Of course, this is just what we might expect to see even if psychopathy was entirely genetic: psychopaths would have psychopathic children. Because psychopaths lack normal emotional responses, the homes they create in which to raise those children would likely be neglectful. They would be very unlikely to be "loving" since psychopaths are largely incapable of love.

This difficulty is why twin studies are the gold-standard for genetic vs. environment determinations. Of course, twins being somewhat rare, assembling large groups of them to participate in whatever nature vs. nurture study you've concocted can be difficult (read: expensive), thus the debate rages on. The rapid advance in genetics may soon (fn2) start to end the nature vs. nurture debate in a variety of fields but then again it may not.

(fn1) Note that I don't think running a yellow is beyond the pale, but then I've not spent years analyzing psychopaths. That's got to do bad things to your sense of proportion and normalcy. One of the dangers sited by a researcher is being sucked in by a psychopathic research subject's charisma and heading towards the psychopathic side yourself. I'd say that this researcher is displaying the opposite tendency: he's so attuned to and disturbed by psychopathy that he overcompensates and rates ordinary behavior as far more anti-social than it actually is.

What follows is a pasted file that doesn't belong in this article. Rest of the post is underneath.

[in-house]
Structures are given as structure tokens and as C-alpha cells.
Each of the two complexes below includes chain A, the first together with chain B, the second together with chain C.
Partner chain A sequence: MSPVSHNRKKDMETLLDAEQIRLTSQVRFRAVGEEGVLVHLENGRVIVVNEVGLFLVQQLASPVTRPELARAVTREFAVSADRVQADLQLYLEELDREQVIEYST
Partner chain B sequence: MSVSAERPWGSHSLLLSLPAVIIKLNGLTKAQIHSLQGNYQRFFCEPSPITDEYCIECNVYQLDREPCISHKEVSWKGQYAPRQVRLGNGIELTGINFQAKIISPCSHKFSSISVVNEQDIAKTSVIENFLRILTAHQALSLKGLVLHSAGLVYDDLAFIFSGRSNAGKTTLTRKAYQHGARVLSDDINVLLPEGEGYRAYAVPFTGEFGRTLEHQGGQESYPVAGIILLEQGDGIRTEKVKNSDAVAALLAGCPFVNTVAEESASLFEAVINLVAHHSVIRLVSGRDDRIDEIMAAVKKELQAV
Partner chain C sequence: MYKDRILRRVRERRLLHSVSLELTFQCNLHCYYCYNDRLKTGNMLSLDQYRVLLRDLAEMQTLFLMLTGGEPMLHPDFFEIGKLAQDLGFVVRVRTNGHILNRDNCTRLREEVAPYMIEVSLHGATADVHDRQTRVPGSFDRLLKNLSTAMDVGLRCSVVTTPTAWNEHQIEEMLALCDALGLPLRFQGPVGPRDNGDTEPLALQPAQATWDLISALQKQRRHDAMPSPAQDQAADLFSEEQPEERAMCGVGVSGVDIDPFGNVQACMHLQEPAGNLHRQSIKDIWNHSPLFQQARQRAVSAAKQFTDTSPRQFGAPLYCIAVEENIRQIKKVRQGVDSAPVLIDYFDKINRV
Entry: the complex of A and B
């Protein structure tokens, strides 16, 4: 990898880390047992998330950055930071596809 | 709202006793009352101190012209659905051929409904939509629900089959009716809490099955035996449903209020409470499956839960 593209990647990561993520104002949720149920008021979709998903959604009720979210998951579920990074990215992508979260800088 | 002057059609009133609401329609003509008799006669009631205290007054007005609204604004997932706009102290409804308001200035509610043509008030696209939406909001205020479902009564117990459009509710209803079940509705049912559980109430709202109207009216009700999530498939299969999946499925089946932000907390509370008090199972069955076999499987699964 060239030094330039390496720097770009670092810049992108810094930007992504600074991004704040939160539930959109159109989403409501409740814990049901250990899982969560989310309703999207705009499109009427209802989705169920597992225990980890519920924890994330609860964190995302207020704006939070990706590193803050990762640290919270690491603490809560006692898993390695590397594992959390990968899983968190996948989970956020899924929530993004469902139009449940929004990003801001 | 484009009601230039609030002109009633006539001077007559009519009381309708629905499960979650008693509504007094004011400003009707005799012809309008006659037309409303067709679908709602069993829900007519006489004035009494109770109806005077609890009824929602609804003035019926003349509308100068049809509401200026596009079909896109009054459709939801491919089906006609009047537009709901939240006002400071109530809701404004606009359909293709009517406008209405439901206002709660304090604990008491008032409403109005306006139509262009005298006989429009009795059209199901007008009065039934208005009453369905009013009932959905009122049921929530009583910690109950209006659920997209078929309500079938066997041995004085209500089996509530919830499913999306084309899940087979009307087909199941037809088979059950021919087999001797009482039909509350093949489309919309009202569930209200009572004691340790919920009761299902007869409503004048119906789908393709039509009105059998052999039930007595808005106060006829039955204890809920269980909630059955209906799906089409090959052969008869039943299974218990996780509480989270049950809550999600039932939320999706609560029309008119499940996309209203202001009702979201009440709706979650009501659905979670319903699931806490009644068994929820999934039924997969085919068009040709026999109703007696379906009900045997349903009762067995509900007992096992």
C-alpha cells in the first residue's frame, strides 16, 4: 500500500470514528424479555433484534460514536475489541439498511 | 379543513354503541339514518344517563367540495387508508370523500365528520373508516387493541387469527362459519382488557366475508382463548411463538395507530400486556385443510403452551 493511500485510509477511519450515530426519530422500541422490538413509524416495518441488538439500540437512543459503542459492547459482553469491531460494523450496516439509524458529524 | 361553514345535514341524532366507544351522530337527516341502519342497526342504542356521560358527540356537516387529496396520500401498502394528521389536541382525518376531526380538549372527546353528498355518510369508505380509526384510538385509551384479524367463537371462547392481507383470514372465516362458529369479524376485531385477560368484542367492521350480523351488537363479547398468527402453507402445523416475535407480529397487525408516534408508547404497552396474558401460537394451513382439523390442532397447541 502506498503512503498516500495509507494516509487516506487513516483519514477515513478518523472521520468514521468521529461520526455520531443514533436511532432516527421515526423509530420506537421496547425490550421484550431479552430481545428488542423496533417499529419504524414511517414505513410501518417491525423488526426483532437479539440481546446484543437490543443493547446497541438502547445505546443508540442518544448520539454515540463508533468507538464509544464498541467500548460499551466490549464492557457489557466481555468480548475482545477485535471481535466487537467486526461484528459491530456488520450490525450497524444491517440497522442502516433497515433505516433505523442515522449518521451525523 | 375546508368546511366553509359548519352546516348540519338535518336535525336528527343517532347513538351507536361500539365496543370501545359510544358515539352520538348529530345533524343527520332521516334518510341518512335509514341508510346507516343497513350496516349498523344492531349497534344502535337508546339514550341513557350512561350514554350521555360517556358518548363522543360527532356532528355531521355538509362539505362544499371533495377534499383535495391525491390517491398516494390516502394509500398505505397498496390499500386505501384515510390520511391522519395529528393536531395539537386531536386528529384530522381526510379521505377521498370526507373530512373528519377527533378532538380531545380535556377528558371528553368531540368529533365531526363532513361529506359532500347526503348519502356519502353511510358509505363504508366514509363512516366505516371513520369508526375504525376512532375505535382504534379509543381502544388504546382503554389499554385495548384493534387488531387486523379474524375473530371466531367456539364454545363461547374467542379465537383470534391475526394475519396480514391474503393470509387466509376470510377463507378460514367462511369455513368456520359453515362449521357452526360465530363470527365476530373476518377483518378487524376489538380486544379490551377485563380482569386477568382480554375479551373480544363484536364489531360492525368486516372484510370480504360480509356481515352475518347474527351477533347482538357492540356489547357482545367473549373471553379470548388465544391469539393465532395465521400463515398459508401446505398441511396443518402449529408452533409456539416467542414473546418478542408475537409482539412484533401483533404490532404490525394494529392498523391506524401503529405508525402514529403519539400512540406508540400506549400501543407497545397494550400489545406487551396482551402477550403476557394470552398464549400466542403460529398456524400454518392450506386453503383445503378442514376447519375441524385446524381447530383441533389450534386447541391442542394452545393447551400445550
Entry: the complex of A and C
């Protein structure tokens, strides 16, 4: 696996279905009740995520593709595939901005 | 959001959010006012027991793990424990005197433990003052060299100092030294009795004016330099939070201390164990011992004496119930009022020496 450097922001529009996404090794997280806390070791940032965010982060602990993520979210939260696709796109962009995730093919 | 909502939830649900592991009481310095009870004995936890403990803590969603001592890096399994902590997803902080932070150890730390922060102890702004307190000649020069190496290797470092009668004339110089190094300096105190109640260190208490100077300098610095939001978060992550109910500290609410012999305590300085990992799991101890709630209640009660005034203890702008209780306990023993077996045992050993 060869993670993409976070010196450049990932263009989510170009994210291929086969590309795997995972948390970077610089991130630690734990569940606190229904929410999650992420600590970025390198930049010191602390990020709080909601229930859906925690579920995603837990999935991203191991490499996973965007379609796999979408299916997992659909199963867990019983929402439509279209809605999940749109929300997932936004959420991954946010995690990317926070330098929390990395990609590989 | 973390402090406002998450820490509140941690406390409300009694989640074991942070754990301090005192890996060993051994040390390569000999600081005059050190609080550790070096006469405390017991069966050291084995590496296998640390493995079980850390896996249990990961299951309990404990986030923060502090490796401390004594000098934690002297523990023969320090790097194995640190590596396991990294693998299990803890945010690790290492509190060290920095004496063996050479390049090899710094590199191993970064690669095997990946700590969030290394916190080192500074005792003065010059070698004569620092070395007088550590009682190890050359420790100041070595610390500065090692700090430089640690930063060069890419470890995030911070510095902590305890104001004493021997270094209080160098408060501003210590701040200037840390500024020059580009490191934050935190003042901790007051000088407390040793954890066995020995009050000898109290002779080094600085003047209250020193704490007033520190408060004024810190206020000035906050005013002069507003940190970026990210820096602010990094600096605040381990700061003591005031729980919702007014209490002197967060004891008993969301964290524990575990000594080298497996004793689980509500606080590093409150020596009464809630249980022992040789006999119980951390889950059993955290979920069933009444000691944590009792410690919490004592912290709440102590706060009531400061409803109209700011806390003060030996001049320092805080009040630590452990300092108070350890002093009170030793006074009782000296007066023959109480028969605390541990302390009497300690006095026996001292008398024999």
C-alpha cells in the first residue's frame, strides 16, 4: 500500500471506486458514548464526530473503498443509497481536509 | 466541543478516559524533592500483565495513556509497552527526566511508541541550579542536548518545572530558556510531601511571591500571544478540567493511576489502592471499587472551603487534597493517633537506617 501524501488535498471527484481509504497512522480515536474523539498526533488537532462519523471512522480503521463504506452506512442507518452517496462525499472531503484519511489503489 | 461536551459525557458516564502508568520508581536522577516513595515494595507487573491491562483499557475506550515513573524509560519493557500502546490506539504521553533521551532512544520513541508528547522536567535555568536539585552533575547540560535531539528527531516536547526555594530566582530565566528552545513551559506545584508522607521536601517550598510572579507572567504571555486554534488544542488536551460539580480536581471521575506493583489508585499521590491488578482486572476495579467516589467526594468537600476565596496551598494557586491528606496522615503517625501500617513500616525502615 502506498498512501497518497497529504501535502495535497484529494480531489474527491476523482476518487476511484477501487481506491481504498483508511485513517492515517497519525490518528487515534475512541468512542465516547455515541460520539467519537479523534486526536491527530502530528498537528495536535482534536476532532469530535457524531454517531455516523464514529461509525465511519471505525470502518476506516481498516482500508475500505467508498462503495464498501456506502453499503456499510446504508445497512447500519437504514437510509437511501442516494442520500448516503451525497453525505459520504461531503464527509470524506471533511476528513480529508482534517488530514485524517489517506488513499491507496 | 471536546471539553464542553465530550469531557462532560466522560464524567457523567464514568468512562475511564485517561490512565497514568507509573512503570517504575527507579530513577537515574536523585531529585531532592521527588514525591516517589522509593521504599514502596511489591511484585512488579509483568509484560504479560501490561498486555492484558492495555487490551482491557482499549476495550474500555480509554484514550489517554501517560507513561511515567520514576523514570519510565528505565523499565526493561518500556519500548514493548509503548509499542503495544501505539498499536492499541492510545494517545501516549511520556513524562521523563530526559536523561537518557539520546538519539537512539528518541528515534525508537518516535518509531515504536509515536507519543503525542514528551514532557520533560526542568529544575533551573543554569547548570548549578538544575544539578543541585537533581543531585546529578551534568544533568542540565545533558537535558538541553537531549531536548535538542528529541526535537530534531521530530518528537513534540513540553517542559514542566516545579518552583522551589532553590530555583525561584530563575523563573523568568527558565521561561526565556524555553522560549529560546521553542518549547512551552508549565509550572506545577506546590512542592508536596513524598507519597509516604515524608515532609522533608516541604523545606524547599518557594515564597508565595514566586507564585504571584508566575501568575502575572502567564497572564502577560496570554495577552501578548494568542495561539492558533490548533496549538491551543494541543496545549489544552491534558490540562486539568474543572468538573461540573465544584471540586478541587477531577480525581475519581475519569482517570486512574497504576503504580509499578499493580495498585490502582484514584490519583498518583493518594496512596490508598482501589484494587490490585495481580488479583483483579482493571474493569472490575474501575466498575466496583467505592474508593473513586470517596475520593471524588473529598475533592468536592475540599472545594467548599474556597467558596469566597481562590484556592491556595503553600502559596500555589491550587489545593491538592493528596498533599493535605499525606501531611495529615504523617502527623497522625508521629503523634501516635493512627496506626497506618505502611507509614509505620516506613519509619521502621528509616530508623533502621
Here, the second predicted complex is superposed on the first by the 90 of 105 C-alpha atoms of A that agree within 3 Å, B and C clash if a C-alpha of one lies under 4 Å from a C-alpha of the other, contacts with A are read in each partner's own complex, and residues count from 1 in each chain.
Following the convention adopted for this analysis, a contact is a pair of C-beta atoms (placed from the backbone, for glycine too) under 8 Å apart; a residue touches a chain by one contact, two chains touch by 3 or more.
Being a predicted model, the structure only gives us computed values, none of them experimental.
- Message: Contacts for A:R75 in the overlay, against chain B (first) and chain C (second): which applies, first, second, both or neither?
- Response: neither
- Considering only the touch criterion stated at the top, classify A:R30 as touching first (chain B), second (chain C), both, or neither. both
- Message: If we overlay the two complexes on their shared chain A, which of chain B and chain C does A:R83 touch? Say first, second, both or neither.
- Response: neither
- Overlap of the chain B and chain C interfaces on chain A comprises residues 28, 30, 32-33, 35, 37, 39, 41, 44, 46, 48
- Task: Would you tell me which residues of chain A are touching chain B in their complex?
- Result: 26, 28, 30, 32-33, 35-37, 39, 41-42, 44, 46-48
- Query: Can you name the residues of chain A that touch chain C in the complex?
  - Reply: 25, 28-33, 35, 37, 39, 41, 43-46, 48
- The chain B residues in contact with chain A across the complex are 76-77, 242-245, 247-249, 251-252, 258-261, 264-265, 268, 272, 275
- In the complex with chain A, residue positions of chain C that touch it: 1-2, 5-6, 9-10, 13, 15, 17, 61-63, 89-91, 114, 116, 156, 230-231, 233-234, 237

(fn2) Where "soon" is defined as within the next couple of decades.

Wednesday, November 5, 2008

Wasted Opportunity

One real shame about Obama's win last night is that it ruins the punch of this fun fact: on election day 2032 Barack Obama will be slightly younger than John McCain is today.



Congratulations to President-elect Obama.  He waged a good campaign and deserves his victory.

And it is undeniably historic that Americans have elected our first black president.  I do wish it were someone slightly less a man of the left, though.

I sincerely hope that he is a successful president and that his policies are not the unmitigated disaster I fear they will be.

I have the distinct feeling that I will have lots of opportunity to write about misguided, counterproductive government policies over the next few years.  But then, I was going to have that opportunity no matter who won last night.  It's the nature of the beast.

Tuesday, November 4, 2008

The primary reason I need another room...

From the New Yorker.


Been a busy week. So light posting, sorry.

Here's a quick fun fact for today:
If When Barack Obama finishes serving out his first term as president it will be the longest period of time that he has ever held one job without seeking a higher office.

That is, unless he figures out some higher office to go for. Most people would hold that President of the United States is about as high as offices get but maybe we could come up with a new one for him. Supreme Leader of the Americas? President of the World? Savior of Mankind?

Monday, November 3, 2008

Zombies Beware

Study shows that teens who watch shows with sex in them are more likely to be involved in teen pregnancy.

If this finding is generalizable, then, given the number of zombies I killed on my tv set this weekend, I would have to advise any undead creatures that may be contemplating hanging around me to make other plans.